Animal causeTaxed as cruelty, New York’s horse-drawn carriages are under threat
Yellow carriages, horse-drawn carriages like the Statue of Liberty or Broadway are New York clichés. But these walks are in the sights of elected officials, who prefer electric vehicles.
“Manhattan is the worst place on the planet to work a horse in terms of traffic, noise, pollution and heat,” counters Robert Holden. The 71-year-old New York City councilman authored a speech calling for the replacement of horse-drawn carriages with electric vehicles by June 2024.
For years, animal rights activists — many in the U.S. — have wanted to end this 19th-century tourist attraction around Manhattan’s green lungs. New York now has 130 trainers who hold 68 licenses and house 200 horses in municipal stables.
Horse on ground due to heat wave
In early August, opponents of horse-drawn carriages rallied, especially some activists from the BETA Association (People for the Ethical Treatment of Animals), when a horse suddenly collapsed on the road during a heat wave afternoon. Manhattan’s grand 9th Avenue is lined with skyscrapers.
A video on social networks shows the animal on the ground while angry motorists call for him to get up. A micro-demonstration against the “cruelty” of horse-drawn carriages later brought together 15 people. American top model Bella Hadid judged the styles to be “barbaric” on Instagram. Fashion star urges New York City Council to pass Robert Holden’s bill
Scared by cars
To animal advocates, New York horses live in poor conditions, suffer from malnutrition and dehydration, are intimidated by car traffic and are overworked. “They’re treated like machines, they’re not machines,” thunders Edita Birngrand, director of the animal group NYCLASS, who thinks horse-drawn carriages have no place in “modern New York.”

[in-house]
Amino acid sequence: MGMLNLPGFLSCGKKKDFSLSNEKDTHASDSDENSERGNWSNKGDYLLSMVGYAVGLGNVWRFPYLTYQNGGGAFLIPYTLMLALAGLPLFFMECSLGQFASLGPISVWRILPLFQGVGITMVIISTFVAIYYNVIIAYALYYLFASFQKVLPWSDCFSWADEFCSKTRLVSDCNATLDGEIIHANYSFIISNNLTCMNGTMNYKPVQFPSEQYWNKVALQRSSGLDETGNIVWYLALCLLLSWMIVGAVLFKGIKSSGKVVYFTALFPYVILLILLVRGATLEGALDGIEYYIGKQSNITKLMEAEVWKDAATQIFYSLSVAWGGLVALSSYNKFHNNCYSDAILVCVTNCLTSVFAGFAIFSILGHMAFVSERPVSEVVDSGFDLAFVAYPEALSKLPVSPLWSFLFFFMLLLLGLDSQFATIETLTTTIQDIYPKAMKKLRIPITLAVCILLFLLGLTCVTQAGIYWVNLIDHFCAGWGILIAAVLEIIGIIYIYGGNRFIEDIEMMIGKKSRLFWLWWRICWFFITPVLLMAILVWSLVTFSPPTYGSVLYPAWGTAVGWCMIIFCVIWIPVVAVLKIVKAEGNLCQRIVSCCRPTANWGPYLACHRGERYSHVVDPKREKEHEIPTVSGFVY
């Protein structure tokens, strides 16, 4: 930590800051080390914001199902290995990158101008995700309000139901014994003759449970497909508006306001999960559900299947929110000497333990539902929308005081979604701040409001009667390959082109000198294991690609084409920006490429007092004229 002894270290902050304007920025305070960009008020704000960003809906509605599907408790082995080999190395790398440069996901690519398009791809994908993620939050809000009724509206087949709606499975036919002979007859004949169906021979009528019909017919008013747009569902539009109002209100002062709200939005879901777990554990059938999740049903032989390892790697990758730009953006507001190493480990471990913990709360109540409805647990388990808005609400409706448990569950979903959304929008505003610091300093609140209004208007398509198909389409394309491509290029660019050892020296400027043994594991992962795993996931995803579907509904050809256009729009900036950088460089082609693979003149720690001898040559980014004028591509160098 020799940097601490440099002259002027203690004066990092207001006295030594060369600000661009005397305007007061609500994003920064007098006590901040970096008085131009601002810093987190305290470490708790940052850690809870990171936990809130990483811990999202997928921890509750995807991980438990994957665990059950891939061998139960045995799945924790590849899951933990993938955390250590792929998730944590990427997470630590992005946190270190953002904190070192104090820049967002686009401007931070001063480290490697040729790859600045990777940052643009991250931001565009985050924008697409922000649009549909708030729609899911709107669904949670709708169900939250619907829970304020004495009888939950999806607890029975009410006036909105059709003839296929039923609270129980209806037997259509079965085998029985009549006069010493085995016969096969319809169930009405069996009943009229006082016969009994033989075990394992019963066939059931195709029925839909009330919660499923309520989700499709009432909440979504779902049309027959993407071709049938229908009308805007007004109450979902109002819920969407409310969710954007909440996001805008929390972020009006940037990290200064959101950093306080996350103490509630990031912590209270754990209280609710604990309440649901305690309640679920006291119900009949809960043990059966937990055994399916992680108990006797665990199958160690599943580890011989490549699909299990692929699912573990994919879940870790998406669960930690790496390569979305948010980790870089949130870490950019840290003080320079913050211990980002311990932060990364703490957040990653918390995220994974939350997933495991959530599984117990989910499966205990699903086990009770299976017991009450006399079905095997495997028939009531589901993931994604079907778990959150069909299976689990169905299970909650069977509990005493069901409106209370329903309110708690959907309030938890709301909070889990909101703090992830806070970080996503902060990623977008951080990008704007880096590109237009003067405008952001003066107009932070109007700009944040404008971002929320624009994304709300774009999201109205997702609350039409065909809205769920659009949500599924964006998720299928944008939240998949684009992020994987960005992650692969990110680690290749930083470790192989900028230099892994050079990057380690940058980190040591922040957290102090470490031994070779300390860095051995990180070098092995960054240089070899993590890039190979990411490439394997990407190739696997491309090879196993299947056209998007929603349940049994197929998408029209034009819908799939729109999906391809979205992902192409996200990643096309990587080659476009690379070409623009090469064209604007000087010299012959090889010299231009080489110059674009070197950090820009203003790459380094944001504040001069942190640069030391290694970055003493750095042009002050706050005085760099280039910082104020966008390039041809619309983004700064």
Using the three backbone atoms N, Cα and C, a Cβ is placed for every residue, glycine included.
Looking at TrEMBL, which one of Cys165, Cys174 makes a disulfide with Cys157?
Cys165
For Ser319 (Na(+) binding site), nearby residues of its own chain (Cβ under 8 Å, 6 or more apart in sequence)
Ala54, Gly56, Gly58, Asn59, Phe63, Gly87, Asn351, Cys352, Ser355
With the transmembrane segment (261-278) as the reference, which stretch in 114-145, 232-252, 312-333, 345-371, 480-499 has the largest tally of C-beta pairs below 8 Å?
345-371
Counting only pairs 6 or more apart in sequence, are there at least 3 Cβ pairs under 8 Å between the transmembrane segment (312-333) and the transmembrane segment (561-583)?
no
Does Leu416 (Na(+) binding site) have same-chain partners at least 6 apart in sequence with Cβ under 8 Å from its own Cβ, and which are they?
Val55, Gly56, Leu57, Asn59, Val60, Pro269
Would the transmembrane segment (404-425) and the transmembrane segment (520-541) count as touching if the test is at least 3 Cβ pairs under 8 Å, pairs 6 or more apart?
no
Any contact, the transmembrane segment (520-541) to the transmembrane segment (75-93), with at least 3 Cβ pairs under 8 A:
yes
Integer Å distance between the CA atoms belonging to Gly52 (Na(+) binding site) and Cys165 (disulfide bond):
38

Instead, the operators ensure that these horses are treated well and are closely monitored by their department city’s health officials. In fact, they are forbidden to work more than nine hours a day, above 32 degrees in summer and below 7 degrees in winter.
Five weeks vacation
The horses are “happy and healthy. “You can’t force a 1,500-pound (680 kg) animal to do something it doesn’t want to,” insists Christina Hansen, a trainer in New York for ten years. Annual campaigns. Then, the 42-year-old questions what New York would be without horse-drawn carriages. “You see us in movies and on TV. . . We’re as photogenic as the Empire State Building and the Statue of Liberty.”
In Central Park, a 45-minute walk still costs $160, tourists are divided in one of the world’s most expensive cities. “Totally immoral!” Pro-ban Briton Kayleigh Tyler chimes in, as does Maria Lucinska, a Polish woman who says the sight of horses “in heat” gives New York a “bad feeling”. Instead, Argentina’s Marina Perry sees in it “a cultural dimension that goes on from generation to generation”.
‘No one wants a golf cart ride’
Opposite, supporters of Robert Holden’s bill expect a vote in October. The text must collect 26 votes out of 51, with the last word going to New York Mayor Eric Adams. Coaches are not banned because the powerful municipal transportation union and coach Christina Hansen think no one in New York likes riding an “electric golf cart.”
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